- U.S. Navy Vice Admiral Alan Thompson Reported 1,500 MICROSIEVERTS Per Hour Thyroid Dose South Of Tokyo On March 20, 2011
- ‘Many People From Even Tokyo Have Thyroid Problems Already’
- Fukushima: More Then 42% of Children Have Thyroid Nodules Or Cysts (German TV Video, Nov 18, 2012):
More than 42% of 57,000 tested children have nodules or cyst, reports Dr. Suzuki who leads the examinations. In Chernobyl they found only 0.1 – 1%.
Now back to the following article:
Radiation is not only safe …
He said his studies on salamanders and other animal life since the Fukushima disaster have shown no ill effects, including genetic damage, and so humans, exposed to far lower levels of radiation, are safe.
“No serious health effects are expected for regular people,” he said.
… it is good for you! …
… but Yoshiharu Yonekura, president of the National Institute of Radiological Sciences and an ICRP member, brushes off the worries and says such abnormalities are common. The risk is such a non-concern in his mind that he says with a smile: “Low-dose radiation may be even good for you.”
… denying all scientific studies that say otherwise:
- ‘Even The Very Lowest Levels Of Radiation Are Harmful To Life’ (University of South California, Nov 13, 2012)
And I could bombard you with more links about the dangers of low-level radiation here, but who cares about this anyway?
“If you don’t educate yourself now and fast, you’ll die.”
- Prof. Hayakawa of Gunma University
- AP Exclusive: Japan scientists took utility money (Denver Post/AP, Dec 6, 2012):
TOKYO—Influential scientists who help set Japan’s radiation exposure limits have for years had trips paid for by the country’s nuclear plant operators to attend overseas meetings of the world’s top academic group on radiation safety.The potential conflict of interest is revealed in one sentence buried in a 600-page parliamentary investigation into last year’s Fukushima Dai-Ichi nuclear power plant disaster and pointed out to The Associated Press by a medical doctor on the 10-person investigation panel.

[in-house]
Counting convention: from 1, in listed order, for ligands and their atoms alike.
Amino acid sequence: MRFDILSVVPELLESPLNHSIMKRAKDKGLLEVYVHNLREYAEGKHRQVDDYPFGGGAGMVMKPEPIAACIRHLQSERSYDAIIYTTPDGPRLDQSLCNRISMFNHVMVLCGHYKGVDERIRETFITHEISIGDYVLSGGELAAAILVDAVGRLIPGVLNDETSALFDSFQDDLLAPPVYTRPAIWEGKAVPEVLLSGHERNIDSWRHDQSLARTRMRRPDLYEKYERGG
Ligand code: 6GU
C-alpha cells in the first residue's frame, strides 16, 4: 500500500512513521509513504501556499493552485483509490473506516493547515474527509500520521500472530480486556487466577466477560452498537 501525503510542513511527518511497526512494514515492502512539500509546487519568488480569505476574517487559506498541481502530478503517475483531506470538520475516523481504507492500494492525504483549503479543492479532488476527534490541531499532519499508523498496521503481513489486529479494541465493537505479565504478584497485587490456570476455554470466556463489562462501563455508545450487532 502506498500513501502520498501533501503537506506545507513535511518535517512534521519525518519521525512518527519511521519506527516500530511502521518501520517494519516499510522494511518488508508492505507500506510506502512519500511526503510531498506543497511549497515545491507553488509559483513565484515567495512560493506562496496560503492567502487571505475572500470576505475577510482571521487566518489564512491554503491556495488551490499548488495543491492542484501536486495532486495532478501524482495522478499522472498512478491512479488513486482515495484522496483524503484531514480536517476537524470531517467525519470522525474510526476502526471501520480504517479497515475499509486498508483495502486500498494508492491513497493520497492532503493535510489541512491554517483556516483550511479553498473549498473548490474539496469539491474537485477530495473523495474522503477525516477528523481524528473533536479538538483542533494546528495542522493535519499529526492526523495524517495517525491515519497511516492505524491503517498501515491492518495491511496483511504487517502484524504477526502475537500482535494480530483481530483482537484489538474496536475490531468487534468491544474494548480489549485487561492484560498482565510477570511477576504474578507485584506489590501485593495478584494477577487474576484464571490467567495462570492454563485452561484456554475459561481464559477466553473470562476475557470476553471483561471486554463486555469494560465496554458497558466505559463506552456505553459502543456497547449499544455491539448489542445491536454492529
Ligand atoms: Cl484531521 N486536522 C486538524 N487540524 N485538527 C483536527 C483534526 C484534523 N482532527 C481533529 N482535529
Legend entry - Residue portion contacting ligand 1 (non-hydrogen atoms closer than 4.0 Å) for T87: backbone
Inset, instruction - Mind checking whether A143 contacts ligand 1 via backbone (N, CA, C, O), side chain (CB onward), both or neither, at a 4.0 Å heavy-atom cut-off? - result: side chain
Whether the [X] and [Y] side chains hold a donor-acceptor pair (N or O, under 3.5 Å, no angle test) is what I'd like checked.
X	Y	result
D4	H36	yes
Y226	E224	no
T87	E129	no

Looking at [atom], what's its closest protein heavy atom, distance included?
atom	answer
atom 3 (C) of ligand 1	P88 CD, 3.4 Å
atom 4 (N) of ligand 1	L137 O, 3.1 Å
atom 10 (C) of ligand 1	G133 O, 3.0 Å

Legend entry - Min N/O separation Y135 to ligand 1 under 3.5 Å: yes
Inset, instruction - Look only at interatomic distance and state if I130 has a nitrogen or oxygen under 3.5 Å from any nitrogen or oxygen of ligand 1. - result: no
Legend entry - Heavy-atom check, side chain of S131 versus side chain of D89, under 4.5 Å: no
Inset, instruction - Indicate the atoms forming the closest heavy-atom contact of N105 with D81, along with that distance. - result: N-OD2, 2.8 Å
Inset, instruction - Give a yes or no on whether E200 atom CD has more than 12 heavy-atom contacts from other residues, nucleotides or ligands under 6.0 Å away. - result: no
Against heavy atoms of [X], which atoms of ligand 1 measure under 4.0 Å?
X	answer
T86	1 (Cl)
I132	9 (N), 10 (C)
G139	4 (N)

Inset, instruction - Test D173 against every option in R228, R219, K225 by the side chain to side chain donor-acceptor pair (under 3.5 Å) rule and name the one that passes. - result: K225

Some of these same scientists have consistently given optimistic assessments about the health risks of radiation, interviews with the scientists and government documents show. Their pivotal role in setting policy after the March 2011 tsunami and ensuing nuclear meltdowns meant the difference between schoolchildren playing outside or indoors and families staying or evacuating their homes.
One leading scientist, Ohtsura Niwa, acknowledged that the electricity industry pays for flights and hotels to go to meetings of the International Commission on Radiological Protection, and for overseas members visiting Japan. He denied that the funding influences his science and stressed that he stands behind his view that continuing radiation worries about Fukushima are overblown.
“Those who evacuated just want to believe in the dangers of radiation to justify the action they took,” Niwa told the AP in an interview.
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Tags: Fukushima, Global News, Health, Japan, Nuclear, Nuclear reactors, Radiation, Science, TEPCO